Warning: Spoilers ahead for the Echo finale.
The Echo finale is now streaming on Disney+ and Hulu, and the series has concluded in a less-than-satisfying way. It’s been something of a bumpy four episodes to get to this point, but the finale is a largely disjointed and confusing mess that effectively squanders any hope of a coherent ending.
The disappointing themes in the finale are the same present throughout other episodes this season. There is a mountain of potential for this series, especially under the Marvel Spotlight banner and with its beautifully woven representation of the Choctaw people, but it consistently fails to lean into its most compelling elements. For better and worse, there are plenty of details to parse in this (entirely too short) finale, so let’s jump in with our Echo Finale recap.
Maya Lopez Forms a Bond With Her Ancestors in the ‘Echo’ Finale
The episode begins with a young Maya Lopez (Darnell Besaw) injuring a Biskinik bird with her slingshot. She brings it to her mother Taloa (Katarina Ziervogel) who uses her powers to heal it, reminding her that they do not harm other things. Back in the current day, Grandma Chula (Tantoo Cardinal) goes to visit Grandpa Skully’s (Graham Greene) pawn shop to recollect her sewing machine for an important job.
Grandma Chula heads back to work at the post office, where she bumps into Wilson Fisk (Vincent D’Onofrio). The two have a brief discussion about Maya (Alaqua Cox), with Chula completely unaware of whom she’s talking to. Meanwhile, Maya dispatches her fancy contact lenses and is on her way out of town when Biscuits (Cody Lightning) calls her and tells her Bonnie (Devery Jacobs) and Pokni didn’t show up to the powwow.
Maya heads home to find the spirit of her mother, the two reconnect, and she reminds her daughter that she isn’t alone — her ancestors are with her. She urges Maya to stay and use her power to fight for her home. She shows her daughter her new suit, crafted by her Grandmother with years of history sewn in. Festivities kick off at the powwow as Maya arrives just in time to help those closest to her.
Maya Dons Her New Mantle and Challenges Kingpin Once and for All
Back at the powwow, Uncle Henry (Chaske Spencer) warns Biscuits that things are about to get dangerous and recommends he take up arms if he has any. Biscuits drives his monster truck over the vans of Fisk’s minions, ensuring they can’t escape and wreak havoc. Uncle Henry shoots Fisk-minion Zane (Andrew Howard), who was attempting to launch an RPG into the powwow crowd.
Meanwhile, Maya and Kingpin meet face-to-face in a barn where he is holding Bonnie and Chula captive. The two get into a war of words, where Kingpin finally confesses to killing Maya’s father, William Lopez (Zahn McClarnon). Maya then infuses her family with the power of her ancestors, and they stand and fight against Fisk’s men. Maya uses her mother’s healing powers Kingpin demands Maya tell him what she did to him, and before she answers, he ups and leaves.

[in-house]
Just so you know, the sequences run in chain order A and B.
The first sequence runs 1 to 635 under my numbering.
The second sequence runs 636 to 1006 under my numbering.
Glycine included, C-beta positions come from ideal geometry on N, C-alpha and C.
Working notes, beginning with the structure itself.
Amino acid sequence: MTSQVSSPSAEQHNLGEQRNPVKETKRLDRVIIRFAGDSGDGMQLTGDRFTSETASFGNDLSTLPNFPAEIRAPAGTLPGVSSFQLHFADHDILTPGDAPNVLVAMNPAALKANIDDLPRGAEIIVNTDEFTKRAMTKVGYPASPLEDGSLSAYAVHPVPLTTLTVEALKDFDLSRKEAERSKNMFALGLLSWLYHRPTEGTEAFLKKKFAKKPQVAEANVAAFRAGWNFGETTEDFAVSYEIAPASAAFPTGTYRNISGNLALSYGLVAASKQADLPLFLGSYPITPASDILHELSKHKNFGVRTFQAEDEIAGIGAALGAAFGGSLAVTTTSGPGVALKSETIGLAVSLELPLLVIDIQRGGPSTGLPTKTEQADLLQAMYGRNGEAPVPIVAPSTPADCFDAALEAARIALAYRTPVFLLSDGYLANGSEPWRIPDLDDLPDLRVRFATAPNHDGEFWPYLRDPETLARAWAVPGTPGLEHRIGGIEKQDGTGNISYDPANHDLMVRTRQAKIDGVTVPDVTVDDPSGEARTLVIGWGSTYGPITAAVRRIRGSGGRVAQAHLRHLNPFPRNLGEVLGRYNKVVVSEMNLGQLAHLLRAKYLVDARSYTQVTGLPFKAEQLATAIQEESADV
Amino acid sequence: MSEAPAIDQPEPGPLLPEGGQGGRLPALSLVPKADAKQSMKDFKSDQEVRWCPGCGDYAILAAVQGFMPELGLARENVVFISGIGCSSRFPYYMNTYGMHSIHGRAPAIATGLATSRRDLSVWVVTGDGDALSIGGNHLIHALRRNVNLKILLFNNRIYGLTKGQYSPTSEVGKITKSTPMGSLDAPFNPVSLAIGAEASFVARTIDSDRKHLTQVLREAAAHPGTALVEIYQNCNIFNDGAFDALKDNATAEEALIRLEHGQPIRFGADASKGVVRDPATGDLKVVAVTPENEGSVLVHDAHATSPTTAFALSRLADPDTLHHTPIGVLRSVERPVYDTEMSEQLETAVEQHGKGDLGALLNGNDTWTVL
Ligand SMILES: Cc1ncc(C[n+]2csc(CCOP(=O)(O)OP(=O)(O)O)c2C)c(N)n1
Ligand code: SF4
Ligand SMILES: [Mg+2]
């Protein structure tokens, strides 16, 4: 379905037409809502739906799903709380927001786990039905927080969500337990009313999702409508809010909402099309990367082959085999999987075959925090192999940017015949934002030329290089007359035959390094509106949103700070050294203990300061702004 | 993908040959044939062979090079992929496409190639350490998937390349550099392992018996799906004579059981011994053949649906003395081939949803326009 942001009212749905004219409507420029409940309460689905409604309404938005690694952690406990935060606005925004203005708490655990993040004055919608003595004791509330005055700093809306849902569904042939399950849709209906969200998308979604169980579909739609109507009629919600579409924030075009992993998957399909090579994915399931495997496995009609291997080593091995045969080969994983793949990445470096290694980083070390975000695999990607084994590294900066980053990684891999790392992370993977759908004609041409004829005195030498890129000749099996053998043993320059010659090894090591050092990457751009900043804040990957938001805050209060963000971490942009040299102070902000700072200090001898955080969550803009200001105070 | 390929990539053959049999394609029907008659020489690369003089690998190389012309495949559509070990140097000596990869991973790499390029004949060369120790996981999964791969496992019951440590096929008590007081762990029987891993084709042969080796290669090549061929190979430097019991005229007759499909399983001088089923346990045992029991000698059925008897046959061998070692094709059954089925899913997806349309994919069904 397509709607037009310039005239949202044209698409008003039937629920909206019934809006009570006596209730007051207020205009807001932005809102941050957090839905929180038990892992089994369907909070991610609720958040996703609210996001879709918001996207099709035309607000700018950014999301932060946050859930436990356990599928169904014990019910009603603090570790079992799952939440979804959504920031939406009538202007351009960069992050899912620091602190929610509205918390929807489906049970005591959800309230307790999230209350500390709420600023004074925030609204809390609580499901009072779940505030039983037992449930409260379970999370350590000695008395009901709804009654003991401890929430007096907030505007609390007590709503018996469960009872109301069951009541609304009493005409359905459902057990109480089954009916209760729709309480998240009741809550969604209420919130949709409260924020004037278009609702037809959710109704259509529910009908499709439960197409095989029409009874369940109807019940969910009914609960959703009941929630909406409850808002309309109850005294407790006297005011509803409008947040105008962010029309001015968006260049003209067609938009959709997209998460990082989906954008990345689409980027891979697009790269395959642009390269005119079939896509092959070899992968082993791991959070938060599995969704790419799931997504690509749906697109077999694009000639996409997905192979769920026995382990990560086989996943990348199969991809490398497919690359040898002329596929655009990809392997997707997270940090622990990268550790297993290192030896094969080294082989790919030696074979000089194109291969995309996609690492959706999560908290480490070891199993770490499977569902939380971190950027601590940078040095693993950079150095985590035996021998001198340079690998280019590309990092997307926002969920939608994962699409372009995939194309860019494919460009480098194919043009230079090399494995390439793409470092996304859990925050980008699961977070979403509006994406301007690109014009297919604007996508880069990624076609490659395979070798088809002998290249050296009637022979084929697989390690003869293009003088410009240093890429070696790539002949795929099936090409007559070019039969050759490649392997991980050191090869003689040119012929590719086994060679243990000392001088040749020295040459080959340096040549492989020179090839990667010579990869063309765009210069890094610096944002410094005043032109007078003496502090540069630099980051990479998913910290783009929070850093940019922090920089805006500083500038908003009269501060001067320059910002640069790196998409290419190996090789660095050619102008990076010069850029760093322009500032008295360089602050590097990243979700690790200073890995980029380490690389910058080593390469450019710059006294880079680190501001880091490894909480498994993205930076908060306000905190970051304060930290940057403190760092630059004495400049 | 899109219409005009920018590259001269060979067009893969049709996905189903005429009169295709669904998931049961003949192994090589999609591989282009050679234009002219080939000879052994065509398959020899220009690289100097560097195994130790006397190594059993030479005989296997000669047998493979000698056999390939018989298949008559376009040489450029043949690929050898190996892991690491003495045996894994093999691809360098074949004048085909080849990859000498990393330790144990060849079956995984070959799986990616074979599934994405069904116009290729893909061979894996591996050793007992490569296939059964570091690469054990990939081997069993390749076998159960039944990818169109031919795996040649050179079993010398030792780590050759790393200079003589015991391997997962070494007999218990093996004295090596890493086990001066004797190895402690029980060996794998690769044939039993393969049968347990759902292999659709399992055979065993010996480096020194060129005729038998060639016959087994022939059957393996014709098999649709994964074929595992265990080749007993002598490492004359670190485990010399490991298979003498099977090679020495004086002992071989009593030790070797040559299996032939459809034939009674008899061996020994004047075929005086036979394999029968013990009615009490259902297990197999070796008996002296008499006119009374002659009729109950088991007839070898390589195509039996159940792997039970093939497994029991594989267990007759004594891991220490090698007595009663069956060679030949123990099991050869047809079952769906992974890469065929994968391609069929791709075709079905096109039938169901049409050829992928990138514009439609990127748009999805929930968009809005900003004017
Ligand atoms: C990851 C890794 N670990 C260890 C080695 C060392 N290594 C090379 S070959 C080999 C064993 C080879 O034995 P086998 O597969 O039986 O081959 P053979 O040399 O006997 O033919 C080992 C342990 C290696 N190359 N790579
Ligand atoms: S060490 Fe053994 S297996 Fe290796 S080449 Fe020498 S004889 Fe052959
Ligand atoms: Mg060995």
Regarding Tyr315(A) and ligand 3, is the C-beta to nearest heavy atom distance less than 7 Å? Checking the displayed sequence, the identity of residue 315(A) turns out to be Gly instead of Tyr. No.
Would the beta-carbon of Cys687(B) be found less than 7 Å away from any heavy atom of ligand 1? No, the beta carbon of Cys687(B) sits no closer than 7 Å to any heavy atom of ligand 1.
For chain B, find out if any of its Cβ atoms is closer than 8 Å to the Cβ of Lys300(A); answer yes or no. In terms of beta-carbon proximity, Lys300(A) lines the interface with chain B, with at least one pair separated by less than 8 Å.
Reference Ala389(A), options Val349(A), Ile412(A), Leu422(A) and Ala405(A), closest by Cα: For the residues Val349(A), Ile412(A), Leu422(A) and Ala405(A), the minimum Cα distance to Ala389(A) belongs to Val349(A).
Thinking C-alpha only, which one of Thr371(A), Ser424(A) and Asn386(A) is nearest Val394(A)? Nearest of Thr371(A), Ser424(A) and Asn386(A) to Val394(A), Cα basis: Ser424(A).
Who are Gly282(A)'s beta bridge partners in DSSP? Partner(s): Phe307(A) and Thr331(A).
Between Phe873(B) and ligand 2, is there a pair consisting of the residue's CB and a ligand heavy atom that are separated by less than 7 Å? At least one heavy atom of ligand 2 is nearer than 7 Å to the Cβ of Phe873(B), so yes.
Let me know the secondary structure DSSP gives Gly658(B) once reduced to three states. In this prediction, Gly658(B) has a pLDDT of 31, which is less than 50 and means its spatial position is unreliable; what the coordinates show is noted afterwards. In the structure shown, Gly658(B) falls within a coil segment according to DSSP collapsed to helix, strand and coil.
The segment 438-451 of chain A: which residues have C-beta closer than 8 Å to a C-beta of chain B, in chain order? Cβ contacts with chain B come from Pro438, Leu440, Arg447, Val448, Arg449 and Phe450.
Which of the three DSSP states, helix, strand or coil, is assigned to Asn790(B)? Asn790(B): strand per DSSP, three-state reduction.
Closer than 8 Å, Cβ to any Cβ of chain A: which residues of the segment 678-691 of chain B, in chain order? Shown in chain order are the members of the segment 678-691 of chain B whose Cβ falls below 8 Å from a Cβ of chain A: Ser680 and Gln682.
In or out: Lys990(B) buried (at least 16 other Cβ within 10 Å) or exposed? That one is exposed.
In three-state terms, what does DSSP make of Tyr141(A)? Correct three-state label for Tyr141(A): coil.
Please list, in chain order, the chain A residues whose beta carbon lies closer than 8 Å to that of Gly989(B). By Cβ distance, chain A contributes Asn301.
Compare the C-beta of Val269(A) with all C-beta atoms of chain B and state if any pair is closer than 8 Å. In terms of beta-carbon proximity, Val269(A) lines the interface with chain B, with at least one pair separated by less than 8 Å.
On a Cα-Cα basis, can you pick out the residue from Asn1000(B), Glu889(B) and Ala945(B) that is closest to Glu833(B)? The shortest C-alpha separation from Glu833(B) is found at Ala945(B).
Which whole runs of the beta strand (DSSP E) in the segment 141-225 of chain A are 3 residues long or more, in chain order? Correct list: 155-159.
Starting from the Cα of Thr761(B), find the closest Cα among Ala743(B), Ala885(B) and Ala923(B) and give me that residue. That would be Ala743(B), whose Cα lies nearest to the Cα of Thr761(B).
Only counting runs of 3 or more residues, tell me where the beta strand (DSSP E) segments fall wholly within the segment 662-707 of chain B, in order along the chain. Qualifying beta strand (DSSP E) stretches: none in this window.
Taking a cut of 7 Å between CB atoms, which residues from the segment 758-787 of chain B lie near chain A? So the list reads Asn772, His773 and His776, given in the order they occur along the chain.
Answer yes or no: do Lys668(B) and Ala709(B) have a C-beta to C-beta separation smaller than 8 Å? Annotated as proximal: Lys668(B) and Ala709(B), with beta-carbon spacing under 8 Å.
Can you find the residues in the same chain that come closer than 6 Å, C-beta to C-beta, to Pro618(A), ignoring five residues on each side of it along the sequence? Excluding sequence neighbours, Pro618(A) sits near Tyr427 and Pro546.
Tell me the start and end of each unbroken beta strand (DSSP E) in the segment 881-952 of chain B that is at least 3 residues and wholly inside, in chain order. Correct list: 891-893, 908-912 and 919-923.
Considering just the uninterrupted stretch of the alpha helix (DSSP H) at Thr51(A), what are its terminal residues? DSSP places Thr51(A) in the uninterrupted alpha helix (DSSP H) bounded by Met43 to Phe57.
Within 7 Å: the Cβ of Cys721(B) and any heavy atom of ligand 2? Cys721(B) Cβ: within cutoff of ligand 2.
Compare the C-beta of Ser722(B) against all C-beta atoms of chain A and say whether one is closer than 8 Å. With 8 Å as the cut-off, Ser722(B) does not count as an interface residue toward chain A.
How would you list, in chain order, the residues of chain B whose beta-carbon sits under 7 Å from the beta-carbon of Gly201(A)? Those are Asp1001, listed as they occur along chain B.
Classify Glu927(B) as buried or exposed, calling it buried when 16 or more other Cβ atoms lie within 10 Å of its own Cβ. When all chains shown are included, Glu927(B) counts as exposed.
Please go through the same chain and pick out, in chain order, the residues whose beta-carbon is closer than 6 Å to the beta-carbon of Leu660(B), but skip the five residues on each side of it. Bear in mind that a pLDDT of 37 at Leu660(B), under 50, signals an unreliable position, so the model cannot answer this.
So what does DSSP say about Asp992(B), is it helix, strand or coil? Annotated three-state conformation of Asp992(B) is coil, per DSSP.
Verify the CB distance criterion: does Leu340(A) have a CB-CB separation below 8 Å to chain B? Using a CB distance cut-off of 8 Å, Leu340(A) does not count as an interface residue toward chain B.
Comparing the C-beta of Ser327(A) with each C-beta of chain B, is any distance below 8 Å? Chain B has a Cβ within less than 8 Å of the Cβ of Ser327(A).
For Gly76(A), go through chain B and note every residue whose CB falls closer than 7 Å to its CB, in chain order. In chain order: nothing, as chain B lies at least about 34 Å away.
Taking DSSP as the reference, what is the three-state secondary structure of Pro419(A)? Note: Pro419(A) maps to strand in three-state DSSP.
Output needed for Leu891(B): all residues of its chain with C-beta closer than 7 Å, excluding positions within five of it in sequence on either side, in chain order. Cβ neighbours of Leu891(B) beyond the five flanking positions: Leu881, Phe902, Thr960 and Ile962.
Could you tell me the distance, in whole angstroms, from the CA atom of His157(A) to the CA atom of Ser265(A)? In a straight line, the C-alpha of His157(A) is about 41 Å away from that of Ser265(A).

As quickly as the fighting begins, it’s over, and everything is back to normal at the Lopez household. The episode ends with the family spending time together, but it’s not the end of the season. A post-credits scene teases Kingpin’s future run for Mayor, which will likely lead directly into the events of the upcoming Daredevil: Born Again.
The ‘Echo’ Post-Credits Scene Alludes to an Exciting Future
Marvel has become very familiar with the post-credits scene over their history, but this one certainly raises some questions. It undeniably teases something very exciting for the future of the street-level MCU, but at what cost? If the whole point of Marvel Spotlight is to tell more focused, self-contained stories, using a post-credits scene to tease the future of another character besides Maya seems contradictory.
The looming changes to the Marvel TV department will likely render Echo a relic of a bygone era. With Marvel Studios shifting to focus more on long-form stories with multiple seasons of potential, the shorter miniseries format as seen in Echo is sure to be abandoned. Despite some structural bumps in the road, the series offers some beautiful representations of the Choctaw people and Marvel would be remiss to not bring them back in the future.
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'Echo' Episode 5 Finale "Maya" Review'Echo' Episode 5 Finale "Maya" Review
- A few really touching moments between Maya and her family.
- The finale feels rushed to a fault, almost impossible to decipher what's happening.
- The editing is choppy and distracting.
- The story feels like it's missing at least an episode of content.
- Not enough time to appreciate all the moments they clearly want you to.